Niqab ban is not unlawful
There are sound legal arguments both for and against allowing the niqab to be worn at higher education institutions. A ban can send a clear signal in support of gender equality, but it can also be exclusionary and lead to more extreme attitudes.
The debate about a ban against the use of full-face veils at university colleges began last year when a student in bioengineering studies wore a niqab to class. Both the academic department and the Faculty of Health Sciences at Oslo and Akershus University College of Applied Sciences (HiOA) found that her face covering was incompatible with the student’s participation in the bioengineering programme.
The student dropped out of the university college after two weeks, according to the school’s online newspaper Khrono.
Right to a private life and freedom of religion
Two legal provisions in particular can be used to defend the use of the niqab, explains Julia Köhler-Olsen, an associate professor of law. In the European Human Rights Convention, Article 8 addresses the right to respect for one’s private life and Article 9 deals with freedom of thought, conscience and religion.
“Both of these provisions confer a duty on the state to safeguard people’s right to choose how they want to live their lives and the opportunity to believe what they want,” says Köhler-Olsen of the Department of Social Work, Child Welfare and Social Policy at HiOA. She then explains the other side of the argument:
“But the state also has a right to set limits. Most human rights are regulated in the sense that the individual’s freedom and rights can also be restricted.”
Does not violate human rights
According to the European Human Rights Convention, two requirements must be fulfilled before public authorities can interfere in a person’s private life. In order to restrict an individual’s freedom, such as wearing a niqab, the public authorities must have an adequate aim and have made a proportionality assessment, explains Köhler-Olsen.
“The right to a private life may be restricted out of consideration for the fundamental rights of others, known as ‘adequate aim’. With regard to a teacher’s choice to wear a niqab, the students’ right to the best possible education may be an argument that the teacher’s freedom to dress as she wishes can be restricted.”
The form of interference must not only be adequate, it must be proportionate. Can the desired goal be achieved with a milder intervention than a ban, and is it possible in practical terms?
“It does not conflict with human rights law to introduce a ban in the university and university college sector,” confirms Vibeke Blaker Strand, an associate professor at the Norwegian Centre for Human Rights.
“When you’re in an institution that provides education, and you have teachers and co-students you’re communicating with, it’s lawful to introduce a ban. It has to do with maintaining a minimum level of interaction and communication in the public sphere,” she continues.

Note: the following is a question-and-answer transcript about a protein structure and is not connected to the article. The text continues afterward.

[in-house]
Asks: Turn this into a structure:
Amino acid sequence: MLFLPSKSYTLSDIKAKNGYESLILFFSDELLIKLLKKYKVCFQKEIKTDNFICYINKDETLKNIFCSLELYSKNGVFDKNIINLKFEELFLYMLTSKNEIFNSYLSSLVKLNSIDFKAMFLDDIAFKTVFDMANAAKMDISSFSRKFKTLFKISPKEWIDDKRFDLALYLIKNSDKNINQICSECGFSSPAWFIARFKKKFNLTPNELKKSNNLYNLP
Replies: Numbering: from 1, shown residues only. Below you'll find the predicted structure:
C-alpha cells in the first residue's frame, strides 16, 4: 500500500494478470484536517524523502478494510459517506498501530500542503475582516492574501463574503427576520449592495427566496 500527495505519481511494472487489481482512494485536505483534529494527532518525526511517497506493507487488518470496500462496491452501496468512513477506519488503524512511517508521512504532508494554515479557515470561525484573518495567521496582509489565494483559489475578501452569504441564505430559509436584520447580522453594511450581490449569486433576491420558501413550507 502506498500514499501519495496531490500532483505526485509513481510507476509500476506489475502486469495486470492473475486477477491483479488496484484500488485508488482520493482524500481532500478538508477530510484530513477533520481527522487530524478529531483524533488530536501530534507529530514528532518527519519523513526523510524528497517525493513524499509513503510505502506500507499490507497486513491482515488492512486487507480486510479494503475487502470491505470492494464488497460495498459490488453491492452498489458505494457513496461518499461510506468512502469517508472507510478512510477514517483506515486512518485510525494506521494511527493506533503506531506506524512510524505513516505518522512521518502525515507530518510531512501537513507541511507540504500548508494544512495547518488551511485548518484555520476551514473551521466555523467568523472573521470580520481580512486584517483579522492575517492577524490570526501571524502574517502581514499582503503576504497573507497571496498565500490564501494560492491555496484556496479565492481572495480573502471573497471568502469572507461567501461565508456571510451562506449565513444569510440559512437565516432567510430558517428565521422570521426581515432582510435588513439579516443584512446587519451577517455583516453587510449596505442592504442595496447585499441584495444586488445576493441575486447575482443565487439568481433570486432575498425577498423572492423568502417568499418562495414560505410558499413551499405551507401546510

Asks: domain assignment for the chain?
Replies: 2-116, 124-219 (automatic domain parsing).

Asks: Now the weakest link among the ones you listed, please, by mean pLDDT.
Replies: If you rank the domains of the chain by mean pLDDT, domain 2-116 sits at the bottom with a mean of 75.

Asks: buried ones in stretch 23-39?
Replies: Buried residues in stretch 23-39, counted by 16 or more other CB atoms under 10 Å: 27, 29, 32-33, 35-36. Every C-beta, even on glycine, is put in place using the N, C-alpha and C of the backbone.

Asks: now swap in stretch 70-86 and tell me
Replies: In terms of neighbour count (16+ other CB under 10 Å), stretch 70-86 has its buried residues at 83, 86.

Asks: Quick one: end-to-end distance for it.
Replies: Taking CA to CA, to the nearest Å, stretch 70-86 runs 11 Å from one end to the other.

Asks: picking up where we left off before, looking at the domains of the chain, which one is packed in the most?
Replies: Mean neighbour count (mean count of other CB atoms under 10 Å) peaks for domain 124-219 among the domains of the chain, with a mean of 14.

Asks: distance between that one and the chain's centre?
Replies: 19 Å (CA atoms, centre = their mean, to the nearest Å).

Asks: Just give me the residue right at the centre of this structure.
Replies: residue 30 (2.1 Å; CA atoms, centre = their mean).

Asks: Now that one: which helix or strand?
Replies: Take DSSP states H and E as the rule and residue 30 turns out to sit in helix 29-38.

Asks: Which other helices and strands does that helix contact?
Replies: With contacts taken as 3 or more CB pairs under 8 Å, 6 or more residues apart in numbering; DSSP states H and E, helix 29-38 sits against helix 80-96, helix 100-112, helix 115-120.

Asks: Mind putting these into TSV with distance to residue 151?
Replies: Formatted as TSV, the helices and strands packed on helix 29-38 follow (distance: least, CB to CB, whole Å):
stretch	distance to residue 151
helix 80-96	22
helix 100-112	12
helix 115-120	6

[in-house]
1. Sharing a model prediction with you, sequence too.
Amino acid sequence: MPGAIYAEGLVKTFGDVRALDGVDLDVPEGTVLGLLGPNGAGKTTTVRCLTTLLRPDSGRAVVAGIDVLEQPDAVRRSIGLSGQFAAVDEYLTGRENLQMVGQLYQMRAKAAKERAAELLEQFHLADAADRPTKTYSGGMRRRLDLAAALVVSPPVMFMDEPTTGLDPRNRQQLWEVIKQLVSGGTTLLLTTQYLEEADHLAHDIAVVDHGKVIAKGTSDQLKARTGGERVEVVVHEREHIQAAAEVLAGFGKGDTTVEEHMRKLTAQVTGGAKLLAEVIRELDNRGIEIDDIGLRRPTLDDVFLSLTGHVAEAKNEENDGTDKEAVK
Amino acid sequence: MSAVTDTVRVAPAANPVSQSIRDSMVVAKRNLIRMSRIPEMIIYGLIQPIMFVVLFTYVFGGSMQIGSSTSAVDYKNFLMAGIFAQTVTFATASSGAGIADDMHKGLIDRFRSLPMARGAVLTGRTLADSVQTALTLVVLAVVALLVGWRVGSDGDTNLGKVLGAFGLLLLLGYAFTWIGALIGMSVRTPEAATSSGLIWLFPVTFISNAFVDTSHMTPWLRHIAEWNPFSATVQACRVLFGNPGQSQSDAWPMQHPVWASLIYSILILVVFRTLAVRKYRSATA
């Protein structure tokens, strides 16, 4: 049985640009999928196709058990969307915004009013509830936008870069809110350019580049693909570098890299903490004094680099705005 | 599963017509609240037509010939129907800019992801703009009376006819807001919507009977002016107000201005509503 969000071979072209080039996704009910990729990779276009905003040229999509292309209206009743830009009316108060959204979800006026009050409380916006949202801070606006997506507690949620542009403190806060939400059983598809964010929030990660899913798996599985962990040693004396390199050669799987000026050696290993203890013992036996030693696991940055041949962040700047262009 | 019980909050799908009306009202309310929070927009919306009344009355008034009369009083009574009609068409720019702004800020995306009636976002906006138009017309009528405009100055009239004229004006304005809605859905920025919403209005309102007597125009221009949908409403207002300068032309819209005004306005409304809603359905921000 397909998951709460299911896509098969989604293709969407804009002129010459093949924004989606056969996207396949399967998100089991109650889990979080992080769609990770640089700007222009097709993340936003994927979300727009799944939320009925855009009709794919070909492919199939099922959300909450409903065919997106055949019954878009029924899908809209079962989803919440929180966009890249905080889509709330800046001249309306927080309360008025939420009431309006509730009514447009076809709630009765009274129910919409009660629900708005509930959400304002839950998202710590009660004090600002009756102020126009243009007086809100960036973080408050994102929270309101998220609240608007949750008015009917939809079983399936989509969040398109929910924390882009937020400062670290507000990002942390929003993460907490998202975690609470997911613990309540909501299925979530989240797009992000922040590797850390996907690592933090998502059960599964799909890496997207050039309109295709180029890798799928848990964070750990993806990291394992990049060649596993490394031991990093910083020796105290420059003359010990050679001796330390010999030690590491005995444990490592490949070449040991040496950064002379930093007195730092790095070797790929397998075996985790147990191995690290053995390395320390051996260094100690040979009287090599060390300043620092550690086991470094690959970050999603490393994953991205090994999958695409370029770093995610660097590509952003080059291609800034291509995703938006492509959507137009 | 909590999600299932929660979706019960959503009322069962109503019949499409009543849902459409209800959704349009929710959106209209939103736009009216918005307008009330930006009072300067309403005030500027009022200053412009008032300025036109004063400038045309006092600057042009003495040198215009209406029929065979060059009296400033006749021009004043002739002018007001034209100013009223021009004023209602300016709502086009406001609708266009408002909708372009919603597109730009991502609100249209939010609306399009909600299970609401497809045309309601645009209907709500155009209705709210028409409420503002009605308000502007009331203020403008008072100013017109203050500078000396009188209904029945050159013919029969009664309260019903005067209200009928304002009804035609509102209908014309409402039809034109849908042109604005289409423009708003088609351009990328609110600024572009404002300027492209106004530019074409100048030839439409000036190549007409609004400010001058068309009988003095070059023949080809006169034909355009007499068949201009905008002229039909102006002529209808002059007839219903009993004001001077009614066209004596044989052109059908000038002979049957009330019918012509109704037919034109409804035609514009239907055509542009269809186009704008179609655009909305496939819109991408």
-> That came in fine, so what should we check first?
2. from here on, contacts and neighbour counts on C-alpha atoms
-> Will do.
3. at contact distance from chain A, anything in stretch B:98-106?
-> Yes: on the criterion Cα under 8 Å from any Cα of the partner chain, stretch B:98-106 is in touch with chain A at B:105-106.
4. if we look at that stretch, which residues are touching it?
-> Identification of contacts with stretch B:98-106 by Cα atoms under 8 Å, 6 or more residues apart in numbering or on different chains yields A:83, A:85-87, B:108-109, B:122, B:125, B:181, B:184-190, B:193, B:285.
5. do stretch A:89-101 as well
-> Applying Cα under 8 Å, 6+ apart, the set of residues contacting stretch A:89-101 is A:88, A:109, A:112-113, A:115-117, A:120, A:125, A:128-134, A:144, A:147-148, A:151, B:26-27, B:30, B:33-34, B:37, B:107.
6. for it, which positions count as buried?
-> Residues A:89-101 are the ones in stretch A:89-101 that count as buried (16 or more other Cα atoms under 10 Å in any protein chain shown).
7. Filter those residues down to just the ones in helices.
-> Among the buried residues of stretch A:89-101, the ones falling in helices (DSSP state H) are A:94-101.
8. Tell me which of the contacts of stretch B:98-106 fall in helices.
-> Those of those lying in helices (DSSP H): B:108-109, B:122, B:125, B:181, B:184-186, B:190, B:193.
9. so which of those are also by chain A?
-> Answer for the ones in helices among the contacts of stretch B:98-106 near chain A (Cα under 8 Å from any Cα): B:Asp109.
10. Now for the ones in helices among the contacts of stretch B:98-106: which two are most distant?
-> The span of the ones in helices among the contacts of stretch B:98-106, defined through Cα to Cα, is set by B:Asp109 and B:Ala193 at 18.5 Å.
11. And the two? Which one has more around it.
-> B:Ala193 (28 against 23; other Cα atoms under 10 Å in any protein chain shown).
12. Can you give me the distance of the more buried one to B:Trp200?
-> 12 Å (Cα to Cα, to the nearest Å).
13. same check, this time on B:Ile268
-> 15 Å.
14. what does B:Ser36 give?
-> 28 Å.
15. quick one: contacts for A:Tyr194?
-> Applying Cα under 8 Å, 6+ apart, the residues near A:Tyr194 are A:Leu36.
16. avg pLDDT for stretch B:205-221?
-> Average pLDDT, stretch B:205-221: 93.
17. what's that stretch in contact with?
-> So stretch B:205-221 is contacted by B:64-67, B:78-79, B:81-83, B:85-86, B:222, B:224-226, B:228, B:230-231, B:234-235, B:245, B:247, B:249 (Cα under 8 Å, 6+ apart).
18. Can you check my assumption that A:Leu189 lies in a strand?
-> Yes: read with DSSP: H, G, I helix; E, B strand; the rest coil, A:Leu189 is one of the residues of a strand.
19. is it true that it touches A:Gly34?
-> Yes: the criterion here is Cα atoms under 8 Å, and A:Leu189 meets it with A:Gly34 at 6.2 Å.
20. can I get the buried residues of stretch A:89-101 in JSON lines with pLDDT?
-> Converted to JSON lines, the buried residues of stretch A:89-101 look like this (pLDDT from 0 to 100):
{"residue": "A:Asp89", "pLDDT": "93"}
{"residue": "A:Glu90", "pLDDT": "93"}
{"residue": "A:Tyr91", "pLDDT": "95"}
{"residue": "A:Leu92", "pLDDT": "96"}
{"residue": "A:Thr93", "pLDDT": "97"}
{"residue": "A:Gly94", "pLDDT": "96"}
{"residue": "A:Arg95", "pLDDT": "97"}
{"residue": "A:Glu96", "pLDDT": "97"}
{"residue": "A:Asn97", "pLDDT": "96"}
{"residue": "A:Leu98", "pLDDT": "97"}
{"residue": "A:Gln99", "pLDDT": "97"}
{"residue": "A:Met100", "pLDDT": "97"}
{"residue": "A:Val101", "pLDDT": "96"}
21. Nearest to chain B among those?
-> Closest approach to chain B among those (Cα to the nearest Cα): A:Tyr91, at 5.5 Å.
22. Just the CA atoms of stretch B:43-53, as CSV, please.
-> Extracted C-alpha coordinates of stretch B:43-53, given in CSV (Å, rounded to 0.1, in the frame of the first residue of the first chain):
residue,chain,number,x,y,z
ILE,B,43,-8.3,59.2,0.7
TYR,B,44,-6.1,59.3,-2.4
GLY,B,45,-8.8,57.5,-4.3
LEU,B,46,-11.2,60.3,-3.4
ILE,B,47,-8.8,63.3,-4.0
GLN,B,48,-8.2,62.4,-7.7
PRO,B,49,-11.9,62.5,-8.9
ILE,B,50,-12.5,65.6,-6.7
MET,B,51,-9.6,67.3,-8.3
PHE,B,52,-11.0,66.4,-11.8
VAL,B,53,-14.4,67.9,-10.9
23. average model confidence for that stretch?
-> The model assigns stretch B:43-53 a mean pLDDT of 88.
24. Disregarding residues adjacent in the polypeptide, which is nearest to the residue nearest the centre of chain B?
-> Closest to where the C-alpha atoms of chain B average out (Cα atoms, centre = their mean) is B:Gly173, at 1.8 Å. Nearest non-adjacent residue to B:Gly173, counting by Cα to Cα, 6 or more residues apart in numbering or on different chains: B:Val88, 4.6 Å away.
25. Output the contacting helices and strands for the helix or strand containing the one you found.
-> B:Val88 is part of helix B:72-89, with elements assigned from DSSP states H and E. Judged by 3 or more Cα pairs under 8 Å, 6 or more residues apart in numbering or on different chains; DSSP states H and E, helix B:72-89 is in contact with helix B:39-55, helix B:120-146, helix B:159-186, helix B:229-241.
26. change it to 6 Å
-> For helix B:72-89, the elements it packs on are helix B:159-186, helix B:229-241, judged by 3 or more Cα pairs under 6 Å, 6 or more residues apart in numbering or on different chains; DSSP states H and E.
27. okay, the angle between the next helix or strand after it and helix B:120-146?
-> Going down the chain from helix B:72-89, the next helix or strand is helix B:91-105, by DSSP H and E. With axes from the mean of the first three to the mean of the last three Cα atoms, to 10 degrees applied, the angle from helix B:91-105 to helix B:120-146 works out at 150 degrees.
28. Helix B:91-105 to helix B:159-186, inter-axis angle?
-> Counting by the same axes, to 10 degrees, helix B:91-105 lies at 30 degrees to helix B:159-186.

A niqab ban can lead to a backlash
“But how many people would a ban apply to? Is a ban necessary? It would be useful to look at the numbers when considering these questions. Could the educational institution have a dialogue with the few women it concerns, or could there be other measures that satisfy everyone’s interests?” asks Blaker Strand.
Berit Thorbjørnsrud, an associate professor of Middle East Studies at the University of Oslo, also thinks that the measures should be weighed in relation to the number of people the ban would affect. At the same time, she cautions against exaggerating the size of the problem and underplaying the complexity.
“I think in this case an individually oriented dialogue with clear guidelines may be a better measure than a general ban. If a large number of students wanted to wear a niqab, it would be a different matter, but so far it concerns very few people.”
“Research on veiling shows that throughout history bans and requirements have very often led to a backlash. A niqab ban is seemingly an easy answer, but I think over time it could lead to a bigger problem, for example, that the niqab could take on stronger symbolic meaning,” explains Thorbjørnsrud.
Only affects women
An important aspect of a niqab ban is that it would exclusively impact minority women. Society wants those women to participate in the educational and social spheres, and all three researchers fear that a ban would limit their opportunities to do so.
“It is only women who wear the niqab, not men. So who is affected by a ban? Women, of course. Although we formally have equal rights, we live different lives as women and men, minority and majority, secular and religious. A neutral rule about clothing would, in practice, impact minority women,” notes Köhler-Olsen.
The danger is that a group of women will be excluded, end up not getting the education they otherwise would have, and be relegated to the private sphere. This would entail costs at the societal and individual levels.
“Again, it’s women’s clothing that is supposed to be regulated. As a teacher, one of my priorities is to ensure that women seek out education and have the opportunity to get an education. By the same token, those women can also make choices that gradually shut down their opportunities,” says Thorbjørnsrud.
Does the niqab represent freedom or oppression?
“It’s not necessarily the case that women are pressured into something they don’t want when they wear a niqab. The reality is far more complex. The niqab may also be a sign of protest and an identity marker. Women who wear a niqab often make the usual arguments about women’s right to dress as they please.
On the other hand:
“When a gender uses clothing to show its subservience and honour code, it contradicts the strong gender equality policy conducted in Norway in the post-war period. HiOA could likely win the case for banning the niqab by arguing that a ban would promote gender equality policy,” says Köhler-Olsen.
Blaker-Strand refers to Article 5A of the UN’s Convention to Eliminate All Forms of Discrimination against Women, which states that public authorities must take all appropriate measures to eliminate practices that are based on the idea of inferiority of either of the sexes.